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EL European Union: Evaluating All The Evidence

Claudia Civinini interviews Gisella Langé, a key figure in the implementation of high-school Clil programmes across Italy

Gisella Langé is a foreign languages inspector at the Italian Ministry of Education, coordinating and supporting Clil programmes in schools across the nation. She has also coordinated two evaluation reports on Clil in upper secondary schools – one published in 2014, the other being released as we go to press – that monitored the implementation of the methodology in Italian schools. She reveals some of the ministry’s plans to get teachers ready for Clil, which include a focus on language training and internationalisation.

How is the implementation of Clil progressing?

According to the law, students in their last year of upper secondary school must have a subject taught in a foreign language. Clil is usually taught by the subject teacher. So far we haven’t made Clil compulsory the way it should be, but we have been trying to make teachers aware that they should slowly and gradually ameliorate their language and methodological competences up to the point where they can deliver their lessons in the foreign language with confidence.

We are slowly coming to this point. Many teachers have already accomplished their learning paths – to either B2 or C1 level. At this moment in every region of Italy around 2,000 teachers are attending seventy new methodological courses organised by universities and 6,000 teachers are involved in language courses organised by different institutions and organisations.

Is the implementation of Clil at primary school level still going ahead?

It is not easy to have Clil at low school levels. Teachers are not ready yet – primary teachers are generally at B1 level. Nevertheless the ministry is preparing a plan for languages within the framework of La Buona Scuola (a school reform law approved in June 2015). The general plan for teacher training will be funded with €120 million euros for a three-year period, and part of this money will be allocated to languages. Clil methodology will be extended to vocational, lower secondary and primary schools.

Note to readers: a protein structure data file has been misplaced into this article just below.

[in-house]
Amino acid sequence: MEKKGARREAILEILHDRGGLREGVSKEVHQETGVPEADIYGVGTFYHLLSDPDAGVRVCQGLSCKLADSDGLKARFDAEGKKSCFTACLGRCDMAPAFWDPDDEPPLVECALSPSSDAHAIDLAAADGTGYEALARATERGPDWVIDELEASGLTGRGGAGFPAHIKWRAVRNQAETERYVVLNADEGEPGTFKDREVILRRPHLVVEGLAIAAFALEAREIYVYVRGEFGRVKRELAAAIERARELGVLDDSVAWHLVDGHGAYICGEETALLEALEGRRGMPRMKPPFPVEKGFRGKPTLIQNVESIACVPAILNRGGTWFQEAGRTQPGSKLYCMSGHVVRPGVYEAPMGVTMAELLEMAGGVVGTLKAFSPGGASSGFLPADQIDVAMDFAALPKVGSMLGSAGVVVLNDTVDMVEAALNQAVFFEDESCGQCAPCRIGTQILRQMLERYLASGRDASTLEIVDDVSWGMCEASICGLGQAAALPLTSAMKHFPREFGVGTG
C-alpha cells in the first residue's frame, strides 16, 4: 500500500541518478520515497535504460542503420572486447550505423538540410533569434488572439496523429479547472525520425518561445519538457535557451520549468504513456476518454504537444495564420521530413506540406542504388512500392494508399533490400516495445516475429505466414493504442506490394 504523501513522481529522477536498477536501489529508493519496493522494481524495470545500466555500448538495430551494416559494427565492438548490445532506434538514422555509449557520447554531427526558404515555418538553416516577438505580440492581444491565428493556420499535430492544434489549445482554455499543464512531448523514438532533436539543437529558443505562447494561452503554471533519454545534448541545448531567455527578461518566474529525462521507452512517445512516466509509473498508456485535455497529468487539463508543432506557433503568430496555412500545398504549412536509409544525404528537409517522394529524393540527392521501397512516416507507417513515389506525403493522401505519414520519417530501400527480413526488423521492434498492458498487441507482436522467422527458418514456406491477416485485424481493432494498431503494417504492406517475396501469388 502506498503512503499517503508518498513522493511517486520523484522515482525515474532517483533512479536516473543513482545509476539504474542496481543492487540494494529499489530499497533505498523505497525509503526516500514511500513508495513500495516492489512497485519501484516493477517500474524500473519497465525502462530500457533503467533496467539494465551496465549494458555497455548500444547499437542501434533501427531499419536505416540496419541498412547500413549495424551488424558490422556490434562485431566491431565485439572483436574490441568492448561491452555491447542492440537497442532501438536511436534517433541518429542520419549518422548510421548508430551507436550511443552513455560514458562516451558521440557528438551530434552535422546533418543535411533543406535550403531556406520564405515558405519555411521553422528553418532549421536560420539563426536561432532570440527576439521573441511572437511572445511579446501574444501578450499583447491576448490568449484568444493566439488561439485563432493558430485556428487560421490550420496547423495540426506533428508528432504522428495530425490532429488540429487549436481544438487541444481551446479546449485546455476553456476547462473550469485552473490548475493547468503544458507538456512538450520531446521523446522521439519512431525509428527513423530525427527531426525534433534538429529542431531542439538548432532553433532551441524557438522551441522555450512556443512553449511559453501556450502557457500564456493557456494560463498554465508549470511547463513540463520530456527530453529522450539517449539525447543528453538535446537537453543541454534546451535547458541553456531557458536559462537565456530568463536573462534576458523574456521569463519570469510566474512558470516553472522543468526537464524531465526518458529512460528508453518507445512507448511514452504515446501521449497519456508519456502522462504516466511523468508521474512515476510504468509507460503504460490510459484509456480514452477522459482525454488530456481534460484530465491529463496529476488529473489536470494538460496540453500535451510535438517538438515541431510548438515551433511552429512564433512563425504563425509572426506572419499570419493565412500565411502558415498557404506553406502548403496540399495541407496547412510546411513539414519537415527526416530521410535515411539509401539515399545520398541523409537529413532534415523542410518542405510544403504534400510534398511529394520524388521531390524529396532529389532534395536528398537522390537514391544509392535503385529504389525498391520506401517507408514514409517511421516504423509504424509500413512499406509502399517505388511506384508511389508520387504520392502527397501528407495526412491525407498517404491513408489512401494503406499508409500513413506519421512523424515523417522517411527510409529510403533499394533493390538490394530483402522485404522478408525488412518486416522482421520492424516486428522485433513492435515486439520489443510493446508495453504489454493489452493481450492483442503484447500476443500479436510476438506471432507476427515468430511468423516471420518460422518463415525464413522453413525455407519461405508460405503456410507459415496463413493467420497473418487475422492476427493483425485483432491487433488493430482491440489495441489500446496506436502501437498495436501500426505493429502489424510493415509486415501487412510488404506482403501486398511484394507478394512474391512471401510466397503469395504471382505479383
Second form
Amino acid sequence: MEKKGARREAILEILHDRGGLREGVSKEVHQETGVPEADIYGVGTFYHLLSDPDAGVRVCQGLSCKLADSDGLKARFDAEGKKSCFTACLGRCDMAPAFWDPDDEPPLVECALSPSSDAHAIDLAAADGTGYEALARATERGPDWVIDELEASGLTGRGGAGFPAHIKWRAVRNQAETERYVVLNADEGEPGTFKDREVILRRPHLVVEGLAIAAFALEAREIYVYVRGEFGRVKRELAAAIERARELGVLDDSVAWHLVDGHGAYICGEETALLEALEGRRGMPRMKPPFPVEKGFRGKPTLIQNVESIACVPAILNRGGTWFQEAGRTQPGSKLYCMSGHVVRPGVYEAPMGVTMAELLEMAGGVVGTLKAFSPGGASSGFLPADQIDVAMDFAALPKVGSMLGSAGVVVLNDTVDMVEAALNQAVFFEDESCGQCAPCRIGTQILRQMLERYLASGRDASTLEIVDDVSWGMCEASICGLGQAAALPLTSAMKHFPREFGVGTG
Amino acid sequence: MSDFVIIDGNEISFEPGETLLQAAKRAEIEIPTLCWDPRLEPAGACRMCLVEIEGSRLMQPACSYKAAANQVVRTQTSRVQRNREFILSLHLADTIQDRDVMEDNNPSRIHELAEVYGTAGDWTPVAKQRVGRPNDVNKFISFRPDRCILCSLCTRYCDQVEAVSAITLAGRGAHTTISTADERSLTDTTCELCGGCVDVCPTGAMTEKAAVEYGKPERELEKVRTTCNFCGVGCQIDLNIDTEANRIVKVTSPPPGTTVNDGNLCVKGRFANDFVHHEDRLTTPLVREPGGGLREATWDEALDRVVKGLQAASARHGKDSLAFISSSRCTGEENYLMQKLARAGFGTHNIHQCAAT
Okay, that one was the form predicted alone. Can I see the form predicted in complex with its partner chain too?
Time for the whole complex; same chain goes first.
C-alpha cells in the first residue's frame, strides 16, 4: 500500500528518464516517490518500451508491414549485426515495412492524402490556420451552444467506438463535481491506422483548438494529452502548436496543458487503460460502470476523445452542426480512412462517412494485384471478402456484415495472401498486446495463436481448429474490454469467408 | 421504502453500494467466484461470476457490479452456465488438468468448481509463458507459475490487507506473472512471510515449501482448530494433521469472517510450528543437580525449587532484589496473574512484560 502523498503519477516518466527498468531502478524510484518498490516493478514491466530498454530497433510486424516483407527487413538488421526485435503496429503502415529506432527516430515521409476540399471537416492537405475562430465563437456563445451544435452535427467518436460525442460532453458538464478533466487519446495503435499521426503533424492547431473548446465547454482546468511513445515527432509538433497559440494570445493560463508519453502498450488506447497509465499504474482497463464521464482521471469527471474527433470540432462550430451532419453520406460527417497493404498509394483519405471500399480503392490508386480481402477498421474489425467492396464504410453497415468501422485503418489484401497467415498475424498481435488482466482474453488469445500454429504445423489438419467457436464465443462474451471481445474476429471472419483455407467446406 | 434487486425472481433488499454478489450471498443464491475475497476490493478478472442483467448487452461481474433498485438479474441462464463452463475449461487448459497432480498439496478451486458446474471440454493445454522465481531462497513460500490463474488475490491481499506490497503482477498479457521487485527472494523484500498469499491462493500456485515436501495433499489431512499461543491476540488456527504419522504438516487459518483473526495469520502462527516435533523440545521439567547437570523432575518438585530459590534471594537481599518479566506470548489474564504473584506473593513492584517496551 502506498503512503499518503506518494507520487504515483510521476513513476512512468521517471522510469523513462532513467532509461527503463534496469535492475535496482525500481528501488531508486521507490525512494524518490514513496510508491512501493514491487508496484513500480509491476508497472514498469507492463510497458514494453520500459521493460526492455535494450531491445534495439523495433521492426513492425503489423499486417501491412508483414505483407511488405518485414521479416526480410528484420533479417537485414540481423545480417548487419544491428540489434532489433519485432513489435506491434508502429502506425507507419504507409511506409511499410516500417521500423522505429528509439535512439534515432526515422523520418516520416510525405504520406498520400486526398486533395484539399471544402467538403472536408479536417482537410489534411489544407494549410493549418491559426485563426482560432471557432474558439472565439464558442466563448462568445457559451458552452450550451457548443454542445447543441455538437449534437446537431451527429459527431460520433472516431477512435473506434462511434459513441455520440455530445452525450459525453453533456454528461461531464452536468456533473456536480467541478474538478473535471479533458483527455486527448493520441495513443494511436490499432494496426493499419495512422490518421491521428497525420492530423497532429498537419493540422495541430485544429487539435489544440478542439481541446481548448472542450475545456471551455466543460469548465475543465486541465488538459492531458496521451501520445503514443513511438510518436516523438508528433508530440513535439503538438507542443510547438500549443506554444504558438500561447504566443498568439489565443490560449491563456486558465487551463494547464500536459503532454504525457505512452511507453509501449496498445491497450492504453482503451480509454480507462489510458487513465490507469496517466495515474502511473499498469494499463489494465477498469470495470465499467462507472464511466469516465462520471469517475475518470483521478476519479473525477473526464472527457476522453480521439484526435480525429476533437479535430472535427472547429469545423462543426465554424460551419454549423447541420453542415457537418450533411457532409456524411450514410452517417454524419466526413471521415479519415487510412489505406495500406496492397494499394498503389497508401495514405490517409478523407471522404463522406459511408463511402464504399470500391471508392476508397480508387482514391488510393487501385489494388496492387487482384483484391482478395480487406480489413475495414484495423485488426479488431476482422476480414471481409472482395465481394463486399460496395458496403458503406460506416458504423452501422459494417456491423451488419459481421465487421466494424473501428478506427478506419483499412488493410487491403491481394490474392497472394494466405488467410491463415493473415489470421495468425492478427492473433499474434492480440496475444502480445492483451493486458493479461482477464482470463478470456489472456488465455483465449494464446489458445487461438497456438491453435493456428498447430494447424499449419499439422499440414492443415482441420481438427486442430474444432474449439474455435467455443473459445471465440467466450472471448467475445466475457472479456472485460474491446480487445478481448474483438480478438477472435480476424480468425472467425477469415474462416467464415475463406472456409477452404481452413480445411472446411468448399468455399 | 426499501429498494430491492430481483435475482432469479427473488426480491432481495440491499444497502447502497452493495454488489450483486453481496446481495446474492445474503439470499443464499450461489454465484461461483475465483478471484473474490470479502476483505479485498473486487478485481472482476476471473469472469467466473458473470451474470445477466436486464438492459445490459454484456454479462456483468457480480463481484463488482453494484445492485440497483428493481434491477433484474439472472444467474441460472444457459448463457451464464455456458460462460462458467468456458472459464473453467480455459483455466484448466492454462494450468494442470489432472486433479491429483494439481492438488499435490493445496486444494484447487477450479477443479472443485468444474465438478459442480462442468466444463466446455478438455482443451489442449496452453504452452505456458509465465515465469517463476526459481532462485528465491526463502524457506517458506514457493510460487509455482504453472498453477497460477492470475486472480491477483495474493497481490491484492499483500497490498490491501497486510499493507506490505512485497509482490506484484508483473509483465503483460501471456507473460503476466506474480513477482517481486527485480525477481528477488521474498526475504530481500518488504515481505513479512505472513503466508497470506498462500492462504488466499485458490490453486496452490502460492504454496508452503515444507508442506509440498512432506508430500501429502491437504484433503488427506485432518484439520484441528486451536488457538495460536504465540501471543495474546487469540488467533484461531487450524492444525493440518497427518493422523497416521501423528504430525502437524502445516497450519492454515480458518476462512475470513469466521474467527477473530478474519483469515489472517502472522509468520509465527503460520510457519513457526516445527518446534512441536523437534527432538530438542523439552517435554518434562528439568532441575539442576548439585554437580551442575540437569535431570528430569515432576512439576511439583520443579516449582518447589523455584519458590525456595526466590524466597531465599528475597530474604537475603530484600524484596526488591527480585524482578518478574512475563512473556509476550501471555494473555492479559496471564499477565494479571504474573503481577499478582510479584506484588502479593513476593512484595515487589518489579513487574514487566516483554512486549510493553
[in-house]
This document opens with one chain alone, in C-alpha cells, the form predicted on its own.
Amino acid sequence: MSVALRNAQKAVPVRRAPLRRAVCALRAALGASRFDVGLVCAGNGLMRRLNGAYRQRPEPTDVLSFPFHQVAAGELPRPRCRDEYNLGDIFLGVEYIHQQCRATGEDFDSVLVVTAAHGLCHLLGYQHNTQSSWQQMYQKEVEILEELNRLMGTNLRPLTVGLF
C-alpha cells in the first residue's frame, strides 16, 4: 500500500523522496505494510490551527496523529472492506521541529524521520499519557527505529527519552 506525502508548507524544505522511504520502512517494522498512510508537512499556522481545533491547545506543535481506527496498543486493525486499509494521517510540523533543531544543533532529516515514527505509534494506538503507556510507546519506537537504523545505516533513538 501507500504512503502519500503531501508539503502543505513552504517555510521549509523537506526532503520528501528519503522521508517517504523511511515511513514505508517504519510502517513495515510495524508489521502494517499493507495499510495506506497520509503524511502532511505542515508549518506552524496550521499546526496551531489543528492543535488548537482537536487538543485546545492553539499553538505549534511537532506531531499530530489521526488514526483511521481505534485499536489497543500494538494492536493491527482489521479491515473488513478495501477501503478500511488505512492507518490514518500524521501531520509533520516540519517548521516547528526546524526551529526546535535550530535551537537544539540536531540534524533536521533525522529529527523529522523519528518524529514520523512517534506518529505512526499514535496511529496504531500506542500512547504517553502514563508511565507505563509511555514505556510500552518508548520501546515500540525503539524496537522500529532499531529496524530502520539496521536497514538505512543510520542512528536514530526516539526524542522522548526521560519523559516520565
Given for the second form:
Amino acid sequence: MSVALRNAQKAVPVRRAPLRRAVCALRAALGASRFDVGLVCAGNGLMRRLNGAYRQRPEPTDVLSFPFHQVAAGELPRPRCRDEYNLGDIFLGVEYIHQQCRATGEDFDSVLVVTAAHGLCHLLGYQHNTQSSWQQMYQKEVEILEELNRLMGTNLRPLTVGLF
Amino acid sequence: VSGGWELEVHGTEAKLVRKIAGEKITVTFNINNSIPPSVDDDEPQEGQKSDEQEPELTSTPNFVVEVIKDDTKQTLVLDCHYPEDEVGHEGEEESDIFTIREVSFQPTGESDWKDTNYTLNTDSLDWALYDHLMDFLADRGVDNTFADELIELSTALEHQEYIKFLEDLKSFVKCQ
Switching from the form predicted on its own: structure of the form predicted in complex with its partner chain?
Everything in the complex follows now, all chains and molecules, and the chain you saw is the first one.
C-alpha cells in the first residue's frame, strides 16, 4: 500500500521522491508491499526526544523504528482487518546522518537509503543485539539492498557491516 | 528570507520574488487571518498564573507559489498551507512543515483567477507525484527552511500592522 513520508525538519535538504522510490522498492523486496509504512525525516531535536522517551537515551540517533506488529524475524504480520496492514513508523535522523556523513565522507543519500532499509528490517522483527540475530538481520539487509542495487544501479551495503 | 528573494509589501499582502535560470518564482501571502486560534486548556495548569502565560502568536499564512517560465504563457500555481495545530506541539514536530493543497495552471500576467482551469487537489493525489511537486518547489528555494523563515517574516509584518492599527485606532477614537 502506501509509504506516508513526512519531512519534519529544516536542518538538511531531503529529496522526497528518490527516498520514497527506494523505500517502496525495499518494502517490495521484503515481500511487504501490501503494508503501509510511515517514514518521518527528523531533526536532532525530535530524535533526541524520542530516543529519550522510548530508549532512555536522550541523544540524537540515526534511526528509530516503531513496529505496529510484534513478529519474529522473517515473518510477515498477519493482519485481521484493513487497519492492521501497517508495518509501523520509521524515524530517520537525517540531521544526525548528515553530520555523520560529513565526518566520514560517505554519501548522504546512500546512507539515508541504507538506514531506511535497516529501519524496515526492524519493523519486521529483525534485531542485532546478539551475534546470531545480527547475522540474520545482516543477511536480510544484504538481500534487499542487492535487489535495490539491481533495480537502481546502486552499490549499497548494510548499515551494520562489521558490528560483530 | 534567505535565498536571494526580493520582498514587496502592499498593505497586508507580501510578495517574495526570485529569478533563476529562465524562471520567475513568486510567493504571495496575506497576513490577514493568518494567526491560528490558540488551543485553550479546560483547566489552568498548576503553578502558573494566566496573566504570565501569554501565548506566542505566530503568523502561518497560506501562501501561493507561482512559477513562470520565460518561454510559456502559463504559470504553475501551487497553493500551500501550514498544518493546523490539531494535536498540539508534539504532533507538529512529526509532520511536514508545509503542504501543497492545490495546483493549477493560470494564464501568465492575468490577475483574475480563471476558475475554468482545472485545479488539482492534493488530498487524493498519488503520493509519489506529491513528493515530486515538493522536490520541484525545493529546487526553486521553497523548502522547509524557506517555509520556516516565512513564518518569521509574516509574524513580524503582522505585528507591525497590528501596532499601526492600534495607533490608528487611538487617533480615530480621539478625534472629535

Teachers in primary schools will be invited to attend voluntary courses in order to reach B2 level. Where teachers are already B2, they will be offered the opportunity to have Clil methodology courses, and this will include the possibility to study abroad.

How do you measure outcomes for students, both in terms of language and curriculum?

We have been trying to organise some pilot English language tests in order to measure student outcomes, but we have not yet been able to organise a plan for the assessment of our students’ subject performance. We wanted Clil to have a good start, therefore in our school leaving exam (Esame di Stato), we made Clil assessment mandatory only if the Clil subject teacher is a member of the board.  We have been offered the possibility to test students’ linguistic competence with a language test from EF, and a large sample of students in their third year of upper secondary school have taken this test. Results will be out next month.

The 2014 evaluation report on the introduction of Clil methodology in upper secondary schools that you co-ordinated showed that 70 per cent of Italian teachers had never organised exchanges or training activities with foreign students. How can a more international mindset be promoted in schools?

We are trying our best to facilitate mobility, which will be an important part of teacher training. Under La Buona Scuola, training for teachers will be compulsory – a certain amount of hours yearly – either in the country or abroad. Erasmus+ will also offer more opportunities as well as the new Pon programme. Our teachers will be able to ameliorate their language competences either through local courses and/or going abroad. Strategic partnerships in the field of education will open new prospects for international links and exchanges. There must be a better use of new technologies and teachers need more support. Schools will also have funding to help teachers work together and create Clil digital materials.


The evaluation report of the IBI/BEI project  issued in April 2014 mentions that pupils’ performance in the oral test was ‘a little mechanical’, as if they had simply memorised something they could not fully understand. There has been criticism of the methodology’s potentially damaging impact on students’ learning of the content. How would you respond?

That’s not true. Evidence suggests that content can be conveyed properly through a foreign language in contexts where good teaching happens. Simplification doesn’t mean banalisation.

Clil is proving to be a powerful changing agent – the best changing agent in our school system. There needs to be a cultural shift, so no more teacher-led lessons centred on content, but student-centred activities. Thanks to Clil, Italian teachers are trying more modern approaches and practices, focusing on scaffolding instruction, improving classroom management and increasing their own foreign language level!

The new monitoring report on upper secondary schools coming out at the end of April 2016 will give us fresh evidence of how Clil teachers are really changing their practice.